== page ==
of the martingale PN(~-zo=~~~)=

problem

defined

in d by

1. I

(ii)

VrcI E C’,

$G,)

Here LN is the infinitesimal

- 44h1) -

LN$(@,) ds is a pN martingale. I0

generator

of the process

pNN,and C’ a suitable

subset

of C,( w;‘l,*). 2.3. The injinitesimal generator The infinitesimal

generator

is the sum of two terms;

while the other is a jump term, corresponding If I = {i/a, E support(p)}, then

one is due to the ageing and is

to the births

and deaths.

2.4. Particular cases (a) Applying the above formula to the function $ defined vrc; (we cut with a stopping time so as to get a bounded LN~(~)=v(O)(m(.,~),~cL)-(~(.,l*)v(.),~)+(v’(.),~)

by G(p) = (v, /-L), with function), we have

A.-M.

Borde-Bou.ssion

/ Demographic

models

283

with m( a, p) = C k( y,(a, p, k) + yz( a, p, k))

(mean number

of descendants)

kZ0

and r(a,

P) = C ~,(a, P, k) I,2”

So we can here write the Dynkin (w-~“,N)=(w:)+ where

M N3u is a locally VVEC;;,

(death

rate).

formula

‘W(~t’))ds+M? I0 square-integrable

(2.1) PN martingale,

and b is defined

by:

V~EM”,

(~,b(~))=(m(..~),~)(v,~,~)-(v(.)~(.r~))r~*)+(v’(.),~L).

(2.2)

(b) To have the quadratic variation of the local real martingale MN*’ (this quadratic variation will be denoted (MN,‘)), we classically apply the Dynkin formula and the Ito formula to the function cp defined by (p(p) = (u, p)‘. Let us assume that the jumps of the process pN are isolated (which will be true from assumption (Al) below). Identifying the two expressions, we obtain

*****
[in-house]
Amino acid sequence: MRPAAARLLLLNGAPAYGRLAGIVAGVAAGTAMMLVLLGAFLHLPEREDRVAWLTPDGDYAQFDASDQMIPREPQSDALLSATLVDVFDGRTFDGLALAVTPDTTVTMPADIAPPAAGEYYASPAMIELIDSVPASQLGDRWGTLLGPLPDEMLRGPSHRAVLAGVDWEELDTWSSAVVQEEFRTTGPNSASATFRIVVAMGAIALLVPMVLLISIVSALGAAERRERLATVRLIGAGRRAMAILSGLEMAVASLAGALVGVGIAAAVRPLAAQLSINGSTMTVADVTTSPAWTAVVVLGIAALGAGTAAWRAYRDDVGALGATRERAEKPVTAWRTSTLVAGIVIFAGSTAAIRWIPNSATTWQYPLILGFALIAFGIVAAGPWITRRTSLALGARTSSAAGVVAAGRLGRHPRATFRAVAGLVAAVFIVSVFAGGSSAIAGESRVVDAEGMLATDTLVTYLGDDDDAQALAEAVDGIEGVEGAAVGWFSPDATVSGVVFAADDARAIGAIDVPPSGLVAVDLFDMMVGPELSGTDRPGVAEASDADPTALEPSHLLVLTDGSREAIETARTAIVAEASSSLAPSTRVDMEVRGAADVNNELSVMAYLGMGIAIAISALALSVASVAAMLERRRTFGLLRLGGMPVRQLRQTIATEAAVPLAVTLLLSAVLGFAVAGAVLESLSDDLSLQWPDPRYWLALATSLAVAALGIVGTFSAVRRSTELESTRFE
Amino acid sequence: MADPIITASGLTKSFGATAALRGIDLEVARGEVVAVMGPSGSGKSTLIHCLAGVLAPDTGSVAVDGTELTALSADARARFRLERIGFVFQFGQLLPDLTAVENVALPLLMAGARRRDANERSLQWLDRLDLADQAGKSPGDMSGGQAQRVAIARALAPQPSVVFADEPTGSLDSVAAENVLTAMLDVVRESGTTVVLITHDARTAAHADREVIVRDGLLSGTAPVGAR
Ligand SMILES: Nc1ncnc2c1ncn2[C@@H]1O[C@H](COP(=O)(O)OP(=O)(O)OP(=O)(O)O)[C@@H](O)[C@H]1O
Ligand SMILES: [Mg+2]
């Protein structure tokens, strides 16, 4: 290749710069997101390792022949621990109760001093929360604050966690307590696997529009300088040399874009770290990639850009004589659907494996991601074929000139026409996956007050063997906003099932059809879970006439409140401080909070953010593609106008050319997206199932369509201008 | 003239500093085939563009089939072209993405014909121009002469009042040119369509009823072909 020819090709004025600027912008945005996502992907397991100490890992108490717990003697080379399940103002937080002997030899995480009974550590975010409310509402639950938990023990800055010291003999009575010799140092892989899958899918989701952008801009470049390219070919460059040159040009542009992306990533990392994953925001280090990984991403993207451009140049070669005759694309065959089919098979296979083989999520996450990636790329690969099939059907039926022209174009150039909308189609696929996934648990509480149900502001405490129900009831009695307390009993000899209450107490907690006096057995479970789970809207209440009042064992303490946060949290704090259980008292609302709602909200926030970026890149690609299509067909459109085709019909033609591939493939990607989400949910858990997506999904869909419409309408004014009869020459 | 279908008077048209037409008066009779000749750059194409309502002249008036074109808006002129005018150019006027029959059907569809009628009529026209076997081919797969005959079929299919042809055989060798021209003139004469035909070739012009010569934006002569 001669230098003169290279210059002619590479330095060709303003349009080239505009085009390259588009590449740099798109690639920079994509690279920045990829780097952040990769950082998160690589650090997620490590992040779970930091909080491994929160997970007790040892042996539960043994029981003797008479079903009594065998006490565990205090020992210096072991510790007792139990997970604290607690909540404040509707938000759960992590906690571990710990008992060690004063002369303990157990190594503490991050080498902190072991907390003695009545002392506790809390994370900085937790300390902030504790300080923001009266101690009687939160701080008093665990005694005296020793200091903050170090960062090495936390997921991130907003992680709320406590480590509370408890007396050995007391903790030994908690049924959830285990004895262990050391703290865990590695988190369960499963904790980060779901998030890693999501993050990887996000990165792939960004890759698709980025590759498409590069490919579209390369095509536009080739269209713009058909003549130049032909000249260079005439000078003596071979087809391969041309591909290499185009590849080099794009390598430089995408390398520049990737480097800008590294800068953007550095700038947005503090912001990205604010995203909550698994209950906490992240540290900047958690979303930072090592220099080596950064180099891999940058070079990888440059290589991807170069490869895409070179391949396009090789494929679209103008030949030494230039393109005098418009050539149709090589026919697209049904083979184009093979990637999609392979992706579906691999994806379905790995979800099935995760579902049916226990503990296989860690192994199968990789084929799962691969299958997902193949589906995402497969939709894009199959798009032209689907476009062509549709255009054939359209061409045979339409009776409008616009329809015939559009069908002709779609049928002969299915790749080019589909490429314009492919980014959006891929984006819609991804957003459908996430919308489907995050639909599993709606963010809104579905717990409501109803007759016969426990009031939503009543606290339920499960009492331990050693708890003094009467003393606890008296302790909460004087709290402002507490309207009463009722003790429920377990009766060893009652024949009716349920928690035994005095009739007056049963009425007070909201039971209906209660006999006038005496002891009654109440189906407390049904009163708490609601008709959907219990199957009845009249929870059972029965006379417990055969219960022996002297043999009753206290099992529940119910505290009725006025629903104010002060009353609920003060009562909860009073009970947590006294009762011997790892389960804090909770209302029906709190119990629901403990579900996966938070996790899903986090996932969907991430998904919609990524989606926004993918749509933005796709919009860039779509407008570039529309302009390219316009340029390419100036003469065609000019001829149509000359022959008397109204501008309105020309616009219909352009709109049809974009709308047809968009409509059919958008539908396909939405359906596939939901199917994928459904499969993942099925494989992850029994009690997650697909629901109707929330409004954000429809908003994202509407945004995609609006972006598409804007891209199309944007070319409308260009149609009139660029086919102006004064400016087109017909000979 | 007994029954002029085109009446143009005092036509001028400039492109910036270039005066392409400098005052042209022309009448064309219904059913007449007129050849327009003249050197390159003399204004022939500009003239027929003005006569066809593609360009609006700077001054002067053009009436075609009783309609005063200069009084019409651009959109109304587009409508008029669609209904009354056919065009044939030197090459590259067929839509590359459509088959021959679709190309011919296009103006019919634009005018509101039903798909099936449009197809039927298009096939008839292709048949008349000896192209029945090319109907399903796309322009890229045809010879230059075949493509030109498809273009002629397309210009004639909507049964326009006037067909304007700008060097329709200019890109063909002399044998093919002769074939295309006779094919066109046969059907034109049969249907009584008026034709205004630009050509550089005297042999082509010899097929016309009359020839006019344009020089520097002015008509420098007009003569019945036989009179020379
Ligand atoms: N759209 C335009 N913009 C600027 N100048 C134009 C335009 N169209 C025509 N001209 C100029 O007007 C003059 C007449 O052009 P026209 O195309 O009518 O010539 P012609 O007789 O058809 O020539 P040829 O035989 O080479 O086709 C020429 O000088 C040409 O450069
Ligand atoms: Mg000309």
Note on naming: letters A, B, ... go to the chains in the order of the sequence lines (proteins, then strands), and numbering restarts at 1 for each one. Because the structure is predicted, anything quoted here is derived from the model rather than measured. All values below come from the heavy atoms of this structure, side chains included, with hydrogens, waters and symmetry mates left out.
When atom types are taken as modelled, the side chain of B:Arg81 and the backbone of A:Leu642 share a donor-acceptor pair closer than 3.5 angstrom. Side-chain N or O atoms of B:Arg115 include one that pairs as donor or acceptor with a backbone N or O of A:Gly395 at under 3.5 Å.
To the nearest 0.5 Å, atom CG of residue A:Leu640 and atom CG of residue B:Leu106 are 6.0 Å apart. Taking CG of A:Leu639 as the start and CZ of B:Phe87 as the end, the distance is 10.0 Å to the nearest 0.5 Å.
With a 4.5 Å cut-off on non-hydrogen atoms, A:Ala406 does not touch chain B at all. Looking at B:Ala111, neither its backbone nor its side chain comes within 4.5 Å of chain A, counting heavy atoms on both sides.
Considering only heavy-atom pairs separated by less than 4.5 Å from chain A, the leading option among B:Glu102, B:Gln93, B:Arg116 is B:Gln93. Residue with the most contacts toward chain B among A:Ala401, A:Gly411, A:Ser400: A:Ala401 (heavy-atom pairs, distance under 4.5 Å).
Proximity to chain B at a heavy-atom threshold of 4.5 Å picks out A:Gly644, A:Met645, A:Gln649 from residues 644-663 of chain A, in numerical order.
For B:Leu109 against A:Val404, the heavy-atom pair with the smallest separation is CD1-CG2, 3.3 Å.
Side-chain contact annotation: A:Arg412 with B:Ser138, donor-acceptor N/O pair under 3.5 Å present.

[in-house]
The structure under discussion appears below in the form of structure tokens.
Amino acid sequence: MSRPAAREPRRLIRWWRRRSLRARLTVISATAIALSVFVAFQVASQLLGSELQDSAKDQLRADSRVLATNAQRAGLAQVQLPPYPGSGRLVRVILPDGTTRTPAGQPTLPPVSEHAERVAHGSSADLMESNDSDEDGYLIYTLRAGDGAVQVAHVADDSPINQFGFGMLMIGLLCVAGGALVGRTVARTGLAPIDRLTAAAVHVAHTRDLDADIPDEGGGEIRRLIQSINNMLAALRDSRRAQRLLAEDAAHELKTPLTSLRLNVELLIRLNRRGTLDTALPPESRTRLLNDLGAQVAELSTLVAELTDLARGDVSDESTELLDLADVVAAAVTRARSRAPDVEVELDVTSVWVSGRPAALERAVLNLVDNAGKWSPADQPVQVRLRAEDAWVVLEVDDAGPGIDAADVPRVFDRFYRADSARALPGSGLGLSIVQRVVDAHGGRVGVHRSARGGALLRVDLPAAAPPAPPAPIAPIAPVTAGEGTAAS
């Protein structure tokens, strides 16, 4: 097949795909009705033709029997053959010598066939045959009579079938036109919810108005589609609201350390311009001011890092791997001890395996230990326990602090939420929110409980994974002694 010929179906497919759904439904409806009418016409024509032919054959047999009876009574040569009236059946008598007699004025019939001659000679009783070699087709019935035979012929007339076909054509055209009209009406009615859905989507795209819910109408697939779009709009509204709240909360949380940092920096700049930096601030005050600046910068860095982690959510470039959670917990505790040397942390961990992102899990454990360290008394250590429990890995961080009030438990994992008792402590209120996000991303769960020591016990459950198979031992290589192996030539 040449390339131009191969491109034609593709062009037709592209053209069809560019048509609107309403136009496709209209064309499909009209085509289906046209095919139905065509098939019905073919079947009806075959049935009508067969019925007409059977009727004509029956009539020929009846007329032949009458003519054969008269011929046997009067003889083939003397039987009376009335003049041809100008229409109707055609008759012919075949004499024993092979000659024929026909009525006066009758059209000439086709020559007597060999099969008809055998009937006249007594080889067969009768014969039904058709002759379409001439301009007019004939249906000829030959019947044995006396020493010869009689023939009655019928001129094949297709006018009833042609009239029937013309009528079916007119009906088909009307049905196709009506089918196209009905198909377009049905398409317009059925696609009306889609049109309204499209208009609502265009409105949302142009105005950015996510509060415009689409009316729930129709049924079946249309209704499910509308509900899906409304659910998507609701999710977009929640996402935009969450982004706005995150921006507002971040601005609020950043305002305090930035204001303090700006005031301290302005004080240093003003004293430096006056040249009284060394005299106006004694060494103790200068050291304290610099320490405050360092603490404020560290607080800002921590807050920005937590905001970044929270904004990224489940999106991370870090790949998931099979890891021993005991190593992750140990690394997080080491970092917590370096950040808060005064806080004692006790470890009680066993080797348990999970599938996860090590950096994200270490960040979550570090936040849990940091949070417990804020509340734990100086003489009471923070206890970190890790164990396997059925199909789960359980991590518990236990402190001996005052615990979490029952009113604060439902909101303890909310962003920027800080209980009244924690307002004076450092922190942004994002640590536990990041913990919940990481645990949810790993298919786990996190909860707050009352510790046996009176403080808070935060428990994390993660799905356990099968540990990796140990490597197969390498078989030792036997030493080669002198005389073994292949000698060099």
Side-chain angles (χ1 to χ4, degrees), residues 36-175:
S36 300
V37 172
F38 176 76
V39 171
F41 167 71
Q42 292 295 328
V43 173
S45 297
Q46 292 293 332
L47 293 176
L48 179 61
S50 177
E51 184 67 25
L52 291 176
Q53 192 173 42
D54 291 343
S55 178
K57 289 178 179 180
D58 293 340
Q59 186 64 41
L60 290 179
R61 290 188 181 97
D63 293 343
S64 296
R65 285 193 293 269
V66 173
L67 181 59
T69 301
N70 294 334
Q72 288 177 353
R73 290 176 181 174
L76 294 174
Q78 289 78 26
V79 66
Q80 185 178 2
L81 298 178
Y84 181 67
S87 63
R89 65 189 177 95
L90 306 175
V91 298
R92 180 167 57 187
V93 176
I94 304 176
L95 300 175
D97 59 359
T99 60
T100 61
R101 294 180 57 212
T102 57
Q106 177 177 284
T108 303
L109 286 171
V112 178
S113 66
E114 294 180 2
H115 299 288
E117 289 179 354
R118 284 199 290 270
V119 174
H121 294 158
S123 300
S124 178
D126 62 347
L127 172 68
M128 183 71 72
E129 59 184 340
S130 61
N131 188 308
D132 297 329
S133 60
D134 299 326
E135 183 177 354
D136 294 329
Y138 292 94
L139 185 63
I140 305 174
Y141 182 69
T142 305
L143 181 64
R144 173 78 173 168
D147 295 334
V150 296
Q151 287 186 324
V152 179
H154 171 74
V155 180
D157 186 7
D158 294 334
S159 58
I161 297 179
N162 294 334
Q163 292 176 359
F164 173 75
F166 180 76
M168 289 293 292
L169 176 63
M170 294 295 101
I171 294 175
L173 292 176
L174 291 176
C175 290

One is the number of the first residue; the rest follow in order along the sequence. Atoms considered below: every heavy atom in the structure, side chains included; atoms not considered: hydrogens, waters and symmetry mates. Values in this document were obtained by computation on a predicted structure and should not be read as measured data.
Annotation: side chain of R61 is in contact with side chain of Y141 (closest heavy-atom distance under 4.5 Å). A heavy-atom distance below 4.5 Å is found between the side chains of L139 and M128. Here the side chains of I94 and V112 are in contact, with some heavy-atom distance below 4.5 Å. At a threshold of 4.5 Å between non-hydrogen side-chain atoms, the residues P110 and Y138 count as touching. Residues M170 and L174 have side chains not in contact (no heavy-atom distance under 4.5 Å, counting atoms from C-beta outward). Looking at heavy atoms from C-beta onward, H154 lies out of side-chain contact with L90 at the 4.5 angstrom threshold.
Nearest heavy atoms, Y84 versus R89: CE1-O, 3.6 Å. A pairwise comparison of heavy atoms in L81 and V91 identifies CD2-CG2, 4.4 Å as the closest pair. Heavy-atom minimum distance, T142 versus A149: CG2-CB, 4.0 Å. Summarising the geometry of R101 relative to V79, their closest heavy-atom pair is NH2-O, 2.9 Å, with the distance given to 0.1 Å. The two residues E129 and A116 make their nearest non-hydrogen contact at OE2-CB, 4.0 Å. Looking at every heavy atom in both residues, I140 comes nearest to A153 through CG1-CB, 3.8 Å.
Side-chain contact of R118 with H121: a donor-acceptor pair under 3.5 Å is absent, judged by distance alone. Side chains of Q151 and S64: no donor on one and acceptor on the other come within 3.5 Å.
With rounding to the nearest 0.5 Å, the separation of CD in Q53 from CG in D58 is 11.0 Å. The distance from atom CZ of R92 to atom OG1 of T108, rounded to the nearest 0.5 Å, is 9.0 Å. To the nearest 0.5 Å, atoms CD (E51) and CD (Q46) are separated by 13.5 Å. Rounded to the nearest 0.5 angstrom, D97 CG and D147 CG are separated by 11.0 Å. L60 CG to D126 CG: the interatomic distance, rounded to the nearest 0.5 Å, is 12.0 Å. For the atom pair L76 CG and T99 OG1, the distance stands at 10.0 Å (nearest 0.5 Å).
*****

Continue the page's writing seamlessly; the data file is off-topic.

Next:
the operator

a being

Vu~C‘li,,

defined VVEC;,

(4 u(EL)v)=

by: V~EM’;,

U(O)V(O)(~‘(.,

P), P))--U(O)(m,(.,

P)V(.),

-v(O)(m,(.,~)u(.),~L+(U(.)U(.)y(.,~),~)

P) (2.3)

with

and m,(.,

P)=

C ky,(., h-0

PCL, k).

3. The law of large numbers

theorem

Our purpose

is to prove the following

Theorem

(Al)

in this section

3.1. We assume (for a fixed p > 1): m and y are uniformly bounded on Iw,~x MT,

VXER,,

V/_~cr.Mf,

m(x,p)+y(x,p)sC.

theorem.

i.e. there is C 3 0 such thut

284

A.-M. Borde-Boussion

(A2) m and y are Lipschitz such that

/ Demographic

in the two variables

models

on R, x MC,

i.e. there is C 3 0

v(x, x’) E (R+)‘, v(t-~ p’) e (M:)‘,

C(l.-x’l+IIP-P’lIM”).

Im(X,~)-m(x’,~‘)I+Ir(x,~)-Y(X’,~’)I~ (A3)

There is a constant VXER,,

(A4) (A5)

S,, such that

V~.LE M”,

(T2(X,~)GsP(l+XP).

The sequence of the laws of (t_~r) converges SUP ~N(II~,NIl~4 N

weakly to S,+, ~.L,,EMT.

< +a.

Then, for h Z=2, the sequence of the laws of p N converges weakly in D(R+, to b,, where p is the unique solution in Mf of the equation

Wifix2)

I /4=/4,+

I0

@CL,) ds.

Remark. By obvious adaptations of the proofs given below, the theorem remains true if assumptions (A3) and (A5) are replaced by (A3’) and (A5’): (A3’) There are q 2 $p and a constant S,,, such that Vx E R, , Vp E M f,

(A57

3.1. The associated

martingale

in Wg’@

From (2.1), for any v of Cz, M ~‘=(v,~~~)-(v,t$-

‘(v,b(t-?))ds 5 II

is a locally square integrable real martingale. We study the continuity in W$’ of the mapping Lemma

3.2.

We assume

(Al)

ll/4 Mu< +a3

v+ Mp”.

and that

PN a.s.

(this assumption being weaker than (A5)). such that for any stopping time r G T,

Then for any T > 0, there is a constant K,

E>UPL,NI~P)~ IIPCLII~J~ e”~~r.

(3.1)

A.-M. Borde-Boussion / Demographic models

285

Proof.